Today, I am happy to share with you an interview with an artist who is celebrating this vibrant spirit of Dar es Salaam and specifically, its street life. After leading a nomadic lifestyle travelling in Asia and South America, Sarah Markes decided to apply her creative skills in the international development context. This led her to voluntary work in Malawi and years later, to a job in Dar. There, she fell in love with the city and has been putting her artistic talents to use  in documenting its culture and heritage, in a project called Street Level Dar.

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Week in review and protecting time

Last week's plans to make more of a conscious effort to make time for myself were seriously thwarted this week. One result being that I didn't get to post as much as I usually do. I accept that I'm the kind of person who finds it very hard to say no and a lot of it has to do with overestimating my capacity for doing. I've decided on a new strategy as a solution to all of the above: if unsure as to whether to say "yes", I should simply just say "no". It's going to be hard but, it's absolutely necessary if I'm going to be able to continue creating, blogging and devoting time to being healthy and to continued self-discovery.

I'm always interested in exploring different approaches to jump-start my momentum and  and this week I'll be trying out Katie Tallo's Life Cleanse Starter Kit – a one week guide to gathering momentum (check it out here. Bonus: it's free). She quotes The Road Less Travelled author, M. Scott Peck, M.D.:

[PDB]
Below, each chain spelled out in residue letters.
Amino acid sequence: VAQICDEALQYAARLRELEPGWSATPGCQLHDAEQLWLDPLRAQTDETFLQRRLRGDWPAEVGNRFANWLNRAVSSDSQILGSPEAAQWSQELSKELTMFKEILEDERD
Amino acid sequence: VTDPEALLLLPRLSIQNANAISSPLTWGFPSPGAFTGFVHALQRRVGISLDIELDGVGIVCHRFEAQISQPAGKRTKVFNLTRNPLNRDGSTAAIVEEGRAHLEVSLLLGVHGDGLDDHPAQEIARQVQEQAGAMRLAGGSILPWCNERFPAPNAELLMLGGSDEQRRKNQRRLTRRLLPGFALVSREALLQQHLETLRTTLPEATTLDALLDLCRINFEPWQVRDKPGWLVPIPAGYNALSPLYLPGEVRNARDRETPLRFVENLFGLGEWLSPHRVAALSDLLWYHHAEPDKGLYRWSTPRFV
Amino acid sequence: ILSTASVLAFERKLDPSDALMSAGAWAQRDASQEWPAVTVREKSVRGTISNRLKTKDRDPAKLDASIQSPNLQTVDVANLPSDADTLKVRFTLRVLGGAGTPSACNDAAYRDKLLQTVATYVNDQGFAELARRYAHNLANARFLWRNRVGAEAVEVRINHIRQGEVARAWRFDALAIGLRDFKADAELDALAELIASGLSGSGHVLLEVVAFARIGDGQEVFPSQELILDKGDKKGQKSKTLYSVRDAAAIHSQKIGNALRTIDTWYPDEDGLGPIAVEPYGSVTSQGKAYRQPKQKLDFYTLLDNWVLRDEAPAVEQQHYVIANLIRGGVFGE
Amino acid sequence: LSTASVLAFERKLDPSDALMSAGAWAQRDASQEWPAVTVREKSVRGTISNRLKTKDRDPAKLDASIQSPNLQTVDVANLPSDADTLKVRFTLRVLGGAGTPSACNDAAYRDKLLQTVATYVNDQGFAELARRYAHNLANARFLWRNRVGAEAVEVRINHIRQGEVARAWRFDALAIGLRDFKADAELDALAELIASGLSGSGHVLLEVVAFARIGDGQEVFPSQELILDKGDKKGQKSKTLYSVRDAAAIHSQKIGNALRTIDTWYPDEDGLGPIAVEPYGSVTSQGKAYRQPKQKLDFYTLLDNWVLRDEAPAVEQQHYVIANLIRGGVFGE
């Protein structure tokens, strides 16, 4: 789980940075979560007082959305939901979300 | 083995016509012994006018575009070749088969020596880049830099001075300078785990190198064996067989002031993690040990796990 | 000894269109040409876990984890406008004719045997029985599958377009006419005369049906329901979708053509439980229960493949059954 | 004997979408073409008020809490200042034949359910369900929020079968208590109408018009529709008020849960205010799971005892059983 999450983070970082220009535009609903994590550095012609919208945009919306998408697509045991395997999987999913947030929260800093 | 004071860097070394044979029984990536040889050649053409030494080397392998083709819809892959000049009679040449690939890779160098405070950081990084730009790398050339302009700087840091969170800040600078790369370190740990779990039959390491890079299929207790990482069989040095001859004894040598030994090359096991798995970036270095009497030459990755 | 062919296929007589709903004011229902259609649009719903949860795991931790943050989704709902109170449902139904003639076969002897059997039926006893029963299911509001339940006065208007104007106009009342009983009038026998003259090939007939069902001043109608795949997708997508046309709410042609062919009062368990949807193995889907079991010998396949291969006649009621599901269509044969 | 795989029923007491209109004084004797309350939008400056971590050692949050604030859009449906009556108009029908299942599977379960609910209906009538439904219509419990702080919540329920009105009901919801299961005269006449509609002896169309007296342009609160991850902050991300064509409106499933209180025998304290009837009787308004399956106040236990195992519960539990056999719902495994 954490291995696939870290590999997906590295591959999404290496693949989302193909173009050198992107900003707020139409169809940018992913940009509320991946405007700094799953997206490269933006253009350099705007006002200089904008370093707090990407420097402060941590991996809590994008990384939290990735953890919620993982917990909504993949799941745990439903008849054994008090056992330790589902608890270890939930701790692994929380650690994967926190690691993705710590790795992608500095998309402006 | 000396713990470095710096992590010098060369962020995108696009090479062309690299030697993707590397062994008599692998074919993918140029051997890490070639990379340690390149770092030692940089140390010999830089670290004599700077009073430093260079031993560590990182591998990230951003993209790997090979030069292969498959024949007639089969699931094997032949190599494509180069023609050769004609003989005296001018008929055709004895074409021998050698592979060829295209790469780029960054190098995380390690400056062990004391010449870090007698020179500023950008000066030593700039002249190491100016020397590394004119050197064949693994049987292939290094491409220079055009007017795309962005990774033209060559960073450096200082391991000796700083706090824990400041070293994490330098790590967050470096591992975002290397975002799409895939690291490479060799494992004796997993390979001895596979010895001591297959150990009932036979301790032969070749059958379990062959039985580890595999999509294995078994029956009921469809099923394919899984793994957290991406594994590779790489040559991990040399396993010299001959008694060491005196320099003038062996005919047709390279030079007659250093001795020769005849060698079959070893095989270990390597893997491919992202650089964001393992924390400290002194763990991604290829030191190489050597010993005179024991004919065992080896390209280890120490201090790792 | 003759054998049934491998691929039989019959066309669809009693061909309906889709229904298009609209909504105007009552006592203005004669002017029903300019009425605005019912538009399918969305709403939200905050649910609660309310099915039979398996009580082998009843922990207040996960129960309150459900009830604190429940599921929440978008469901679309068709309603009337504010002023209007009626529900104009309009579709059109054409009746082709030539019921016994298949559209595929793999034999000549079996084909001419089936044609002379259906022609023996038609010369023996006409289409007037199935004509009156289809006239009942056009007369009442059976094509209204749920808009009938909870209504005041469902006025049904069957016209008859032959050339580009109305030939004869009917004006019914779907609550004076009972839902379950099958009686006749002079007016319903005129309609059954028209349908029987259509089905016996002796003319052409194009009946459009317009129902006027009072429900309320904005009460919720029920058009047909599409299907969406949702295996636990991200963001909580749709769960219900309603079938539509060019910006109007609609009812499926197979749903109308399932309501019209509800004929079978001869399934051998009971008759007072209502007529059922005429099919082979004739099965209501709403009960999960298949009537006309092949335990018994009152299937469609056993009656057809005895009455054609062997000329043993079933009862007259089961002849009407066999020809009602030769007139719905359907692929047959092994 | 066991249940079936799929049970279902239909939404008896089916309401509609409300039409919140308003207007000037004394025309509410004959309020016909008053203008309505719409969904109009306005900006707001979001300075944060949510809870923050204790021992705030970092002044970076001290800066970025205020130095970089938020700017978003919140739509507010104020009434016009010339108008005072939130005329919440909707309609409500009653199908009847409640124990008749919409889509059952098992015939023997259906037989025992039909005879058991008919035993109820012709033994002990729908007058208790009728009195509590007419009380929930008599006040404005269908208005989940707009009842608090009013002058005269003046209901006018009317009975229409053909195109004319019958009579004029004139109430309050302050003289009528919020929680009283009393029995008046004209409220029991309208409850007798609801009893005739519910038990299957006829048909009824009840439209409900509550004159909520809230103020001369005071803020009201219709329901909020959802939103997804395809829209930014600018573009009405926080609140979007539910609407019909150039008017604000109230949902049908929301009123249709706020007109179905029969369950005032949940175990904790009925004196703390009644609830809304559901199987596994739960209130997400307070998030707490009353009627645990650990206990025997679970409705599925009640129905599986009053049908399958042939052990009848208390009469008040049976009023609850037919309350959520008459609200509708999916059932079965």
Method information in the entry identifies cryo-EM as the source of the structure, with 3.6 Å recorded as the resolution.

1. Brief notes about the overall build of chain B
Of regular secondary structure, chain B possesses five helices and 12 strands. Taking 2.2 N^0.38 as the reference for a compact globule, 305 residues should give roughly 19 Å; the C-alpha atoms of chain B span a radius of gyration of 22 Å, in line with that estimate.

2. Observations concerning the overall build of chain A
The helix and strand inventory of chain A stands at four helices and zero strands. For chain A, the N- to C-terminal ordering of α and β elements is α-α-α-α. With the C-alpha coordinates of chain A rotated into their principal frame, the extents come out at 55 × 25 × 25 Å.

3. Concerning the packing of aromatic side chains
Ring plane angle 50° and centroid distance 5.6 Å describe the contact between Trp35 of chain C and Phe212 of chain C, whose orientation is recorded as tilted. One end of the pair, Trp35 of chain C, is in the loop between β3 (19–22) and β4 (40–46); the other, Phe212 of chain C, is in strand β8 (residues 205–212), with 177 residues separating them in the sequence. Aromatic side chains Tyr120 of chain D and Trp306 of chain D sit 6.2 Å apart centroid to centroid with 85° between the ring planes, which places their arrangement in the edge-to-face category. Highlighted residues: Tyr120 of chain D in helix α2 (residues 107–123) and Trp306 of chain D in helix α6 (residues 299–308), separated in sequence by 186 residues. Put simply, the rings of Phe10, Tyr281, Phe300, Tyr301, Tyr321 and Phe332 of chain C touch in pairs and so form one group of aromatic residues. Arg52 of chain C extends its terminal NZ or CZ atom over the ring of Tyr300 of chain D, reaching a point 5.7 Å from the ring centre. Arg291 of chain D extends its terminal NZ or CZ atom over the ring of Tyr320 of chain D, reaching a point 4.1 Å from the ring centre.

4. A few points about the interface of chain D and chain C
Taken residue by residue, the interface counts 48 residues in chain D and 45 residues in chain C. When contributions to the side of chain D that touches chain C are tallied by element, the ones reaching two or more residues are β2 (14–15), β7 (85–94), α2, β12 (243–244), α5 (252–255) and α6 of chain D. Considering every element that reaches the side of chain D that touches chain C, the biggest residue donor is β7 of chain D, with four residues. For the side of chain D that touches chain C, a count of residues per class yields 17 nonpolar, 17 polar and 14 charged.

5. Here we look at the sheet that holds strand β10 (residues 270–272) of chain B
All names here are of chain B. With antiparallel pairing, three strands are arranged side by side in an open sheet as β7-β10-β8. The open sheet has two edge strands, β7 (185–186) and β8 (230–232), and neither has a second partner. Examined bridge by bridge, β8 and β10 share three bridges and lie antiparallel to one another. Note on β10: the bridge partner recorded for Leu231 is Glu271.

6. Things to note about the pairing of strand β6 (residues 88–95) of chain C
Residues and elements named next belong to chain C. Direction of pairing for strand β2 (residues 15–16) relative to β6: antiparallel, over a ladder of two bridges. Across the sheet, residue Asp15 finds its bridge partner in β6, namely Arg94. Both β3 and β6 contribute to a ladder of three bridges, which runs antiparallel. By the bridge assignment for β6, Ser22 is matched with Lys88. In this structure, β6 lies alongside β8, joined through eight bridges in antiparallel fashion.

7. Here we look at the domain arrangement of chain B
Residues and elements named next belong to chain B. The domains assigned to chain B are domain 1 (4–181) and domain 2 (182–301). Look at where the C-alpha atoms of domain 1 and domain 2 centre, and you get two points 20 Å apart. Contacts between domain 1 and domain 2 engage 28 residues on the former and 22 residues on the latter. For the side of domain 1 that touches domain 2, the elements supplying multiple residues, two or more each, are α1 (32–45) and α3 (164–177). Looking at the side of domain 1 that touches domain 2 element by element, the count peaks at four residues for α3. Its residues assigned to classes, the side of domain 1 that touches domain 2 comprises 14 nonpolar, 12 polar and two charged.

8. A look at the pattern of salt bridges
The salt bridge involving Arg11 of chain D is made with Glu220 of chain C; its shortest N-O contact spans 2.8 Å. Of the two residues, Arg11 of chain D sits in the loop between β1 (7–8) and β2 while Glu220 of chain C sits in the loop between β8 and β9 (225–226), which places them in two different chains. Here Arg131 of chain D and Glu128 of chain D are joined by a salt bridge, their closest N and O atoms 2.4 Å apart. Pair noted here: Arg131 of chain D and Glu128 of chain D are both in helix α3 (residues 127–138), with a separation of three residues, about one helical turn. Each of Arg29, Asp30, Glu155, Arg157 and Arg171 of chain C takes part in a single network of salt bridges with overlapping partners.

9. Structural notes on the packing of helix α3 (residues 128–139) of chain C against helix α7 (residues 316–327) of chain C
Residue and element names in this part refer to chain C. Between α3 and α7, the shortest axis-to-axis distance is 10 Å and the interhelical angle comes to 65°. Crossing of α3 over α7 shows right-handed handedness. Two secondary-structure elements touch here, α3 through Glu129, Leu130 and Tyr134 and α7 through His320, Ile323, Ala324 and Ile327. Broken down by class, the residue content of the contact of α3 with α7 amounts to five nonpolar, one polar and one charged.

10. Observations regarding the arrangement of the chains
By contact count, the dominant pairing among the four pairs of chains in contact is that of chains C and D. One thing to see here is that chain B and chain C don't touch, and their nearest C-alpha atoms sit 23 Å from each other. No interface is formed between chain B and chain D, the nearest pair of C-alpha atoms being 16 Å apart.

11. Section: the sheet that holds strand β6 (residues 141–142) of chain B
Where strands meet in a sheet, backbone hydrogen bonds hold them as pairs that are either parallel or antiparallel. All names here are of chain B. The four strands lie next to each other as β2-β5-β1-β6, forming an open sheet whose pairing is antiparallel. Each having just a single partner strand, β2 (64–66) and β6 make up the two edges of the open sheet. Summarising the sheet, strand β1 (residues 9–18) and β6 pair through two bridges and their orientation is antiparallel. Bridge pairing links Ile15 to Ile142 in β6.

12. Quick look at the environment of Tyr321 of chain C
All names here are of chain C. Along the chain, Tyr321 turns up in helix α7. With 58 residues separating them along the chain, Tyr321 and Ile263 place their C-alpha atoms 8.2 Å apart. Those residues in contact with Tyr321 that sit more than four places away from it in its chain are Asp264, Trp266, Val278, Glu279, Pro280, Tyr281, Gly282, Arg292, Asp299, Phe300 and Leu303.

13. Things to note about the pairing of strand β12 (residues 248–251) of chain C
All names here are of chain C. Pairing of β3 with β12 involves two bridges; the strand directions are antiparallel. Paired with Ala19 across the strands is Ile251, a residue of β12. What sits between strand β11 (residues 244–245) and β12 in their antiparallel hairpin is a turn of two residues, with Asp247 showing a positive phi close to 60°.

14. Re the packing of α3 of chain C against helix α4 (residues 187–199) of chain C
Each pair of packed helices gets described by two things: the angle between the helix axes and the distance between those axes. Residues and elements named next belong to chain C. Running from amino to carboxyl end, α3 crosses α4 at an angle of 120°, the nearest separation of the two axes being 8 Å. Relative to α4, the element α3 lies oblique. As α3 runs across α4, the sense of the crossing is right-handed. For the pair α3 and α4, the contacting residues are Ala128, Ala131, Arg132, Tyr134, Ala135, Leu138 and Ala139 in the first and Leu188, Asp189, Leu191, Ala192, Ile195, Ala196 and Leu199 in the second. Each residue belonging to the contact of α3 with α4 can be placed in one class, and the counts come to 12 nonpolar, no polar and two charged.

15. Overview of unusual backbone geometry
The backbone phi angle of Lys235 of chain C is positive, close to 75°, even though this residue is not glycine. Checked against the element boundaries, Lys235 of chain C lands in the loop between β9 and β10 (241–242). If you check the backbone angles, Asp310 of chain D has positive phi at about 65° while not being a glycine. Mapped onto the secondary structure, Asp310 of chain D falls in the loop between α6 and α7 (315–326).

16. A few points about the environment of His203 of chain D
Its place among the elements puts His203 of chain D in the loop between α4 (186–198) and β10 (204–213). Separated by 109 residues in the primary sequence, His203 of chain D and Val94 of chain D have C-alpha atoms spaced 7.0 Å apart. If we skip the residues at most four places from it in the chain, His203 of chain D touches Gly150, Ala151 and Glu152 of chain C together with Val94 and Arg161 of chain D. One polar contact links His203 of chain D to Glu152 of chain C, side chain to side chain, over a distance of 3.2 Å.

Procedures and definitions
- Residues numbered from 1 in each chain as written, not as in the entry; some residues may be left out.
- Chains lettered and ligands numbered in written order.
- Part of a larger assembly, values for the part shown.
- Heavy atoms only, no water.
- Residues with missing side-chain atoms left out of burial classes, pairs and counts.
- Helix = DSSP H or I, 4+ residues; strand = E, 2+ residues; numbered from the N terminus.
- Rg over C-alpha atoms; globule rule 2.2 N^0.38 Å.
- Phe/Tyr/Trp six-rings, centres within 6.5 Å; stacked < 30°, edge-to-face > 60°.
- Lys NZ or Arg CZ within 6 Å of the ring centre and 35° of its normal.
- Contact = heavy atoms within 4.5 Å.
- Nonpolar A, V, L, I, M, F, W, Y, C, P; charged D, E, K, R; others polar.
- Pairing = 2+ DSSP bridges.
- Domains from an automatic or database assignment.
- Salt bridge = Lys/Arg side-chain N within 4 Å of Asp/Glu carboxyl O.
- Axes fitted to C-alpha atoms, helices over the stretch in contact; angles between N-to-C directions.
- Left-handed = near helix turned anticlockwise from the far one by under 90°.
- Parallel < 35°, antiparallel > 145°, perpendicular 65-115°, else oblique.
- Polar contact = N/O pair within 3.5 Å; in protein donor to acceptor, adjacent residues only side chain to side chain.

"Until you value yourself, you won't value your time.
Until you value your time, you will not do anything with it."

How appropriate! What strategies have you used to protect your time?

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On the lookout

Live-unchained
This week I had the honour of being interviewed by Kathryn Buford, one of the founders of Live Unchained, a collaborative art project for black women across the African Diaspora. Kathryn and her co-founder, Miriam, have great ambitions for creating a rich platform for black female artists to express their diverse talents, identities and perspectives. One that will live online as well as through physical showcases and in print.

Not only is Kathryn such a positive, inspired  and inspiring person but, her questions were so valuable in that they reminded me why I do what I do, and reignited again, my passion for it. I think us human beings can be very forgetful this way so, it's great to give ourselves opportunities to check in with our hearts and remember our dreams and visions.

Support this great initiative by voting for Kathryn and Miriam to win support to develop Live Unchained as a non-profit organization.

I'll let you know when the interview is up and in the meantime check out their blog.

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Last week on the blog

Lola-Faturoti

Here is a quick recap, in case you missed anything:

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Thanks as always for taking the time to read and to share comments, facebook appreciation and tweet love. Remember, you can also get blog updates as well as extra links, ideas, news and info via facebook (afriloveblog) and twitter (@afrilove).

Have a great week everybody, be proud and be inspired!

Lulu x

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Image above: designs by Lola Faturoti (see post for more details)

 

 

Interview with Erika Freund of Mikuti

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Banana bracelets CU

I was recently ogling, as I do, some bracelets made from banana trees (a true Chagga girl am I!). It was then that I discovered Mikuti, a socially active company that creates unique pieces of jewelry, as well as an income for people living in the Meru District of Tanzania. I had the opportunity to interview the project's founder, Erika Freund.